In recent weeks we have seen catastrophic flooding across the Midwest, the devastating Cyclone Idai in southeast Africa, emergencies and/or evacuations in impoverished Native American communities in South Dakota and new reports emerge daily of the threats posed by planetary warming.
Digesting this news over the last month, one might consider two questions: Are these events interrelated? Should Utah residents care?
It is well understood that these types of extreme weather events are becoming more common and more severe because of a warmer atmosphere. The continued use of fossil fuels will increase warming. This is a fact, supported by extensive peer-reviewed literature on the topic. There is virtually no debate about it in the scientific community. So yes, these events are related.
Furthermore, many have concluded that several degrees of warming are already baked into Earth’s climate systems, which will have catastrophic impacts on human civilization, including rising sea levels, loss of glacial freshwater, more severe wildfires, food and water shortages, and collapsed ecosystems.
Last July, the National Highway Traffic Safety Administration concluded that the planet will see a 4 degrees C (7 degrees F) rise in temperatures by 2100. This report was published by an administration that simultaneously claims there is no climate change, but if there is, there’s no point increasing vehicle emissions standards, the planet is going to burn regardless.
That’s the level of criminal insanity with which our federal government is currently operating. Let that sink in, because Utah’s leaders may be giving the feds a run for their money.
This brings me to the second question: Should Utah citizens care? As in, should we care deeply enough to take genuine political action? For future generations, the answer must be an emphatic yes, especially when one considers the disastrous plans to construct an inland port in the northwest quadrant of Salt Lake City, near the airport, in the middle of migratory bird habitat south of the Great Salt Lake.
This port is a cynical opportunity for a handful of landowners, several of which are large corporations, to reap significant profits. One of these companies is the multinational Rio Tinto, which apparently requires revenue beyond its $40.52 billion from last year (at the expense of wildlife habitat and air quality).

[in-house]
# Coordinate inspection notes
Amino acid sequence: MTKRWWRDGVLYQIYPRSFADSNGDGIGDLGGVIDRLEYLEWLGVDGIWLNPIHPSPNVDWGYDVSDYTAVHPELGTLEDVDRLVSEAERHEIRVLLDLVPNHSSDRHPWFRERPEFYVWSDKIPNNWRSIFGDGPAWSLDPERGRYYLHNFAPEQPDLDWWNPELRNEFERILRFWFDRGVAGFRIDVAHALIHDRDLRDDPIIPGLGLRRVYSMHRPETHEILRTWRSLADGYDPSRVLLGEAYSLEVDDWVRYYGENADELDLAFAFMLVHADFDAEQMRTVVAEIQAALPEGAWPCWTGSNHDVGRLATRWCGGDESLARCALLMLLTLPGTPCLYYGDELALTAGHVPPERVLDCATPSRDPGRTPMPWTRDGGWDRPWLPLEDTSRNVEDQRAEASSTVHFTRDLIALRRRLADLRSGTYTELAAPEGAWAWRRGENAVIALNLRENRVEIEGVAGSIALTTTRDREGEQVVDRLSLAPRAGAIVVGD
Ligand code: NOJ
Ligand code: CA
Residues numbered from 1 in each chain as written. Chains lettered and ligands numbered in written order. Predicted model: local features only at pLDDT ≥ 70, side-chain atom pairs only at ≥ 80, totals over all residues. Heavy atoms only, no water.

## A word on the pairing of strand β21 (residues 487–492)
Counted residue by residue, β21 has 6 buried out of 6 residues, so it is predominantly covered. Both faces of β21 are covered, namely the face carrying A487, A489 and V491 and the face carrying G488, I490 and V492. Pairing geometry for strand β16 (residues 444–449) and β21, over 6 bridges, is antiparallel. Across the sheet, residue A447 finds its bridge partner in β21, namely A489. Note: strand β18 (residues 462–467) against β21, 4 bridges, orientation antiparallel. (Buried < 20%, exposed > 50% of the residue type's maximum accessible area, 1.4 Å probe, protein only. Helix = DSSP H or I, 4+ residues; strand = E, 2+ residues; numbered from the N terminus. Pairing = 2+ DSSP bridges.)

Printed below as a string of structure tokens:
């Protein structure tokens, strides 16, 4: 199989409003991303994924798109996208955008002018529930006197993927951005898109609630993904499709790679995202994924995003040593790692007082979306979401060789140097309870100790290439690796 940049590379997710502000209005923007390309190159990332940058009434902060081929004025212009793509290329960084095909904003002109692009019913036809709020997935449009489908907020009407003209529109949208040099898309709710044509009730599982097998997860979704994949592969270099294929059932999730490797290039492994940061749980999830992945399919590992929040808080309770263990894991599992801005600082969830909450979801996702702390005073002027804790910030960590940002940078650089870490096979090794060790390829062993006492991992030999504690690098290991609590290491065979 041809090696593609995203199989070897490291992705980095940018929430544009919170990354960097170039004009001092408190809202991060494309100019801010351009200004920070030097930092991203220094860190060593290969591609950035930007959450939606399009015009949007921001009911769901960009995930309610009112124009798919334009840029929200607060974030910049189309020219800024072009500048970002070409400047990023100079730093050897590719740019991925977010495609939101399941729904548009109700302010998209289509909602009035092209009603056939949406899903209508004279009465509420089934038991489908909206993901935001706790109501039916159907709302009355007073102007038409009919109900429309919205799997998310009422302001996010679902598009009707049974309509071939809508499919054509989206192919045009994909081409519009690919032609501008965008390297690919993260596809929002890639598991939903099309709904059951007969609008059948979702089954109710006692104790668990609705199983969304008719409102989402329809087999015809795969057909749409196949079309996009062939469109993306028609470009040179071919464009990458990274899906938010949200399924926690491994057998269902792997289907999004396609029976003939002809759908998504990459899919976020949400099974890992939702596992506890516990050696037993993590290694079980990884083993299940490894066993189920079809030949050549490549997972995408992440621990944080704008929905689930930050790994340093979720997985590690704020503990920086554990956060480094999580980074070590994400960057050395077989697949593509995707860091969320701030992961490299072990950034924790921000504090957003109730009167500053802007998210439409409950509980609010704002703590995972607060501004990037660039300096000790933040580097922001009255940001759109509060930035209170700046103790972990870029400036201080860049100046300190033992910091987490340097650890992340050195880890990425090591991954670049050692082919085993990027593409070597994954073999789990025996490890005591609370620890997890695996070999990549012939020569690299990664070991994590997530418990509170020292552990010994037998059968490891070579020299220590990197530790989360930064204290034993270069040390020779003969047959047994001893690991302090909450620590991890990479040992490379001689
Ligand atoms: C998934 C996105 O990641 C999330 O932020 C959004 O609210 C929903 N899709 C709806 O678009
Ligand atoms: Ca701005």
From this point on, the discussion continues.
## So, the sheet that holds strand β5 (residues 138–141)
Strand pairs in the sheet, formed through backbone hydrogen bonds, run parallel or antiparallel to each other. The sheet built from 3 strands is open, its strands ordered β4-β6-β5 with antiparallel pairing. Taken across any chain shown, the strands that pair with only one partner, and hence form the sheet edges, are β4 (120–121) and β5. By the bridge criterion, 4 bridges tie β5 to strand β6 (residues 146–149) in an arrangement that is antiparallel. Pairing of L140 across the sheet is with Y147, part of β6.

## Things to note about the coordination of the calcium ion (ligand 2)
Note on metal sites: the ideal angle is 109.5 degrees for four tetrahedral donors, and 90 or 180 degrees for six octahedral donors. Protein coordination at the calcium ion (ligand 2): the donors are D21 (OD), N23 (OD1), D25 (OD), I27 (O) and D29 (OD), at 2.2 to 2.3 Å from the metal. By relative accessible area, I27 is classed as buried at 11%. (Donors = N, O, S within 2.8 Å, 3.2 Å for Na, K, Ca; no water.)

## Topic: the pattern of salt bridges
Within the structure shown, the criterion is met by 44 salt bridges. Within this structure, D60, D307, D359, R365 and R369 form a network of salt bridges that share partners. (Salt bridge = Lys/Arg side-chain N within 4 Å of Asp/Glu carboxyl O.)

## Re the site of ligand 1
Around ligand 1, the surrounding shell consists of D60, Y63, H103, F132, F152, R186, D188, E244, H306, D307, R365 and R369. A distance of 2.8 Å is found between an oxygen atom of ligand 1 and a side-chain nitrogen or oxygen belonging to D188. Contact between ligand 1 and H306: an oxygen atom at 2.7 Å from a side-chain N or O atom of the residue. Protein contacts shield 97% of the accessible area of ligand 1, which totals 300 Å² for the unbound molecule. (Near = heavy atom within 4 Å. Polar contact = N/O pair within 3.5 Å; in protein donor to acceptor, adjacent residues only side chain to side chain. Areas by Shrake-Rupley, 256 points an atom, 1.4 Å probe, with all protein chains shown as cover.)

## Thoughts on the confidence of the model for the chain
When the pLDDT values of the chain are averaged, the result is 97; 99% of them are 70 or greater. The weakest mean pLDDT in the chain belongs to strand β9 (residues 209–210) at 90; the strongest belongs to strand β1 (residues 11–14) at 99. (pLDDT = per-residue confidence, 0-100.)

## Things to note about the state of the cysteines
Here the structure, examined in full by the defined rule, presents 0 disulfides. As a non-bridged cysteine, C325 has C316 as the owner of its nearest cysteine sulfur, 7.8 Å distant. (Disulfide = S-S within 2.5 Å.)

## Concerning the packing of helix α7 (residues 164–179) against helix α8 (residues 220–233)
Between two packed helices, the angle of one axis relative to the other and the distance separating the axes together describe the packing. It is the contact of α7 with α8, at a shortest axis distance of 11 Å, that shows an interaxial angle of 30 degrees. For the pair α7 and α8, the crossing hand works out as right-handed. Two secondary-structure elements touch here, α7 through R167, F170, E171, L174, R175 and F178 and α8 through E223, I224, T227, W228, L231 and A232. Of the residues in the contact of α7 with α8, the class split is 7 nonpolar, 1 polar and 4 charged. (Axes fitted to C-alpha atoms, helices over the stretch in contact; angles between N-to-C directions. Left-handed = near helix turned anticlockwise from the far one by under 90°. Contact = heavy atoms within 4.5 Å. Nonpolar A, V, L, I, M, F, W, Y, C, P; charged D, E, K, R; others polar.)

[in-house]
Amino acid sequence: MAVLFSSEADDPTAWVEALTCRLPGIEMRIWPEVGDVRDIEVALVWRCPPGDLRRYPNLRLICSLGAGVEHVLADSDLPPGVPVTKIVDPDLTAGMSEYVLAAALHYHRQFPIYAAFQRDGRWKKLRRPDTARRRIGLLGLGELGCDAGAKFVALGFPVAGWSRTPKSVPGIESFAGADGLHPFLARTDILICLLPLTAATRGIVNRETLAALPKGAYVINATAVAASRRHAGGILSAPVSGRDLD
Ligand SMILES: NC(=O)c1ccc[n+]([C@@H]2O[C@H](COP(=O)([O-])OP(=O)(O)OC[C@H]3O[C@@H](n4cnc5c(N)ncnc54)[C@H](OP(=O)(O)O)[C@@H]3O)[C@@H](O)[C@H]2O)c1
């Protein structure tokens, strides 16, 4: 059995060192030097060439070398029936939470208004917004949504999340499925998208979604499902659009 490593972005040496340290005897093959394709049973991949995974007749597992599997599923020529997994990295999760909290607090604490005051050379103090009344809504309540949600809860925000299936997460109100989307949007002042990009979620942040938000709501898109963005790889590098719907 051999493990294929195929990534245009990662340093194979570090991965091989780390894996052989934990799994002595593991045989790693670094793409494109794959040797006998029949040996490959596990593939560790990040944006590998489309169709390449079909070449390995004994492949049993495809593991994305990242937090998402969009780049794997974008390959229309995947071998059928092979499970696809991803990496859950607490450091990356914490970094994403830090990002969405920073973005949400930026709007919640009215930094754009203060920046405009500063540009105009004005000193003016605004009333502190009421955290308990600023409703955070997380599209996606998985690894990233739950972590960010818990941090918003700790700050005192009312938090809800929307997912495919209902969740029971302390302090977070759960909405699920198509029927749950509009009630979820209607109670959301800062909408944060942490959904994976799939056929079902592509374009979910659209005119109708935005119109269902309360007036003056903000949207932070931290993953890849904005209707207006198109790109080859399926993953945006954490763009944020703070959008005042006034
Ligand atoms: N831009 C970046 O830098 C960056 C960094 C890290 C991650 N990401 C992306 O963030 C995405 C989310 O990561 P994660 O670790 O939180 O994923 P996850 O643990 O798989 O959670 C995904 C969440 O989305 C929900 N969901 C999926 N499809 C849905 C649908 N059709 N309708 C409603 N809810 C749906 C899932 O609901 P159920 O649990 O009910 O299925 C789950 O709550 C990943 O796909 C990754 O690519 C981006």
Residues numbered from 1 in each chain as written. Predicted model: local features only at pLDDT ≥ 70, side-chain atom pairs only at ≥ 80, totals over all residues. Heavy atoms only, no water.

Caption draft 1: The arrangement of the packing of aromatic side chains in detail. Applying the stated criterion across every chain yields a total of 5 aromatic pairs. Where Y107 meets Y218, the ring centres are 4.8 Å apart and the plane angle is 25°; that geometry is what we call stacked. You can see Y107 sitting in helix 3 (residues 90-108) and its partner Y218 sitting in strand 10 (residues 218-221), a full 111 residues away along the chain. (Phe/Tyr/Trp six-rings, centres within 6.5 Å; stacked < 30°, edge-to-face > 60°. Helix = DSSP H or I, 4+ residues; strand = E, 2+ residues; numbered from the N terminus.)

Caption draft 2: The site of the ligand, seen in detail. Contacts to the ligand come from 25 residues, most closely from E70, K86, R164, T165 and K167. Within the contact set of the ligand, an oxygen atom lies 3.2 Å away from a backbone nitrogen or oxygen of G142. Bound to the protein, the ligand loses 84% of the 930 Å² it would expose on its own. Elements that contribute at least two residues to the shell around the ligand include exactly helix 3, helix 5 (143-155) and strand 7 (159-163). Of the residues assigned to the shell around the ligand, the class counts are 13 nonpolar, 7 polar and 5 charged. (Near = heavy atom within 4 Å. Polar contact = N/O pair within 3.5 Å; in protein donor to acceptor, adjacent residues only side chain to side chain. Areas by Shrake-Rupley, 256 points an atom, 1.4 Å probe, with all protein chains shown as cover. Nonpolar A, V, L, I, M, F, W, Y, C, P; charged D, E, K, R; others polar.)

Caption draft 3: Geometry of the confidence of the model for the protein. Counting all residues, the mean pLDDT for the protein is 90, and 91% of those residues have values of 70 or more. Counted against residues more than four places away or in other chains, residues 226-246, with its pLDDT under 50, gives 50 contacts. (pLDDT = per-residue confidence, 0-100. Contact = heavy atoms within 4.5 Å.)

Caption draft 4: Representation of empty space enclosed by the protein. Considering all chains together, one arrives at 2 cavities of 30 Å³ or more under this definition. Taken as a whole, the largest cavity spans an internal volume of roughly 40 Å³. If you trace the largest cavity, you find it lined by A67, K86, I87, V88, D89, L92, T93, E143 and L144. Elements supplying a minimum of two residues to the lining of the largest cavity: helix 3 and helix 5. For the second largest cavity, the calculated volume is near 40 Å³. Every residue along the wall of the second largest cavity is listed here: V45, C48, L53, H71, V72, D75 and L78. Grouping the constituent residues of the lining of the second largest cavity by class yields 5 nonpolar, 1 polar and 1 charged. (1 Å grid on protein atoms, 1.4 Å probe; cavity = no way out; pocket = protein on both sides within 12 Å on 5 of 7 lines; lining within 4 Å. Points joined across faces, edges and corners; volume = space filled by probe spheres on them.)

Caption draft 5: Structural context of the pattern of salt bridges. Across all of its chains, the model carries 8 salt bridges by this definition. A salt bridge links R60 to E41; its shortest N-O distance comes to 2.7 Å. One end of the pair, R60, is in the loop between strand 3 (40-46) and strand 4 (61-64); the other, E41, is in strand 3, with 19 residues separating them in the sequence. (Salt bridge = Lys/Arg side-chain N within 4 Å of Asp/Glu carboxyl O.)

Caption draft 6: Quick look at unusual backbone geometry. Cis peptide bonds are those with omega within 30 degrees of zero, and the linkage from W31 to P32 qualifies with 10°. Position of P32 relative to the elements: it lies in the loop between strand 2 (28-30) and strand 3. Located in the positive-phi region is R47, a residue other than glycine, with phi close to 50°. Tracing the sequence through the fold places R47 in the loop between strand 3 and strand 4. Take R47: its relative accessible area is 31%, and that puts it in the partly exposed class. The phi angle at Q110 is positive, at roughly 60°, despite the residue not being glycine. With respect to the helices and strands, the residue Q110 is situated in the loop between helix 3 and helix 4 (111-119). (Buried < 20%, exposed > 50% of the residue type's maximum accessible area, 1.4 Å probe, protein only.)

It is also an opportunity for Swiss-based rail company Stadler to establish a new plant staffed by recruits from local high schools via partnership with Salt Lake School District. Perhaps a more accurate testament to Stadler’s “commitment” to students is their insistence on tax breaks, including $10 million promised by the port authority and a $9.6 million deal with the city.
Additionally, the Utah Inland Port Authority board (made up of nine white men and two white women) has total control over future tax breaks in the 20,000 acres it administers over. That’s roughly equivalent to 1,000 City Creek Centers. Also present at board meetings: Savage, a logistics company that concedes it plans to transport coal via the port.
This is but a small sample of the troubling information that can be obtained by attending just a couple board meetings. It’s alarming to consider what is being agreed upon behind closed doors.
We should be ashamed. As frontline communities fight for survival, often impoverished communities of color that have contributed the least to this catastrophic state of affairs, we watch the ultra-wealthy, with politicians as their lapdogs, extract and destroy despite the suffering it causes.
While some struggle to make ends meet, others continue to enjoy lifestyles that cannot be sustained. It is long past time to rise up, resist, and build an alternative future. No inland port!
Ethan Petersen, Salt Lake City, is a residential direct care associate for individuals with developmental disabilities with degrees in biology and mathematics from the University of Utah. He will be entering the University of Utah School of Medicine this fall.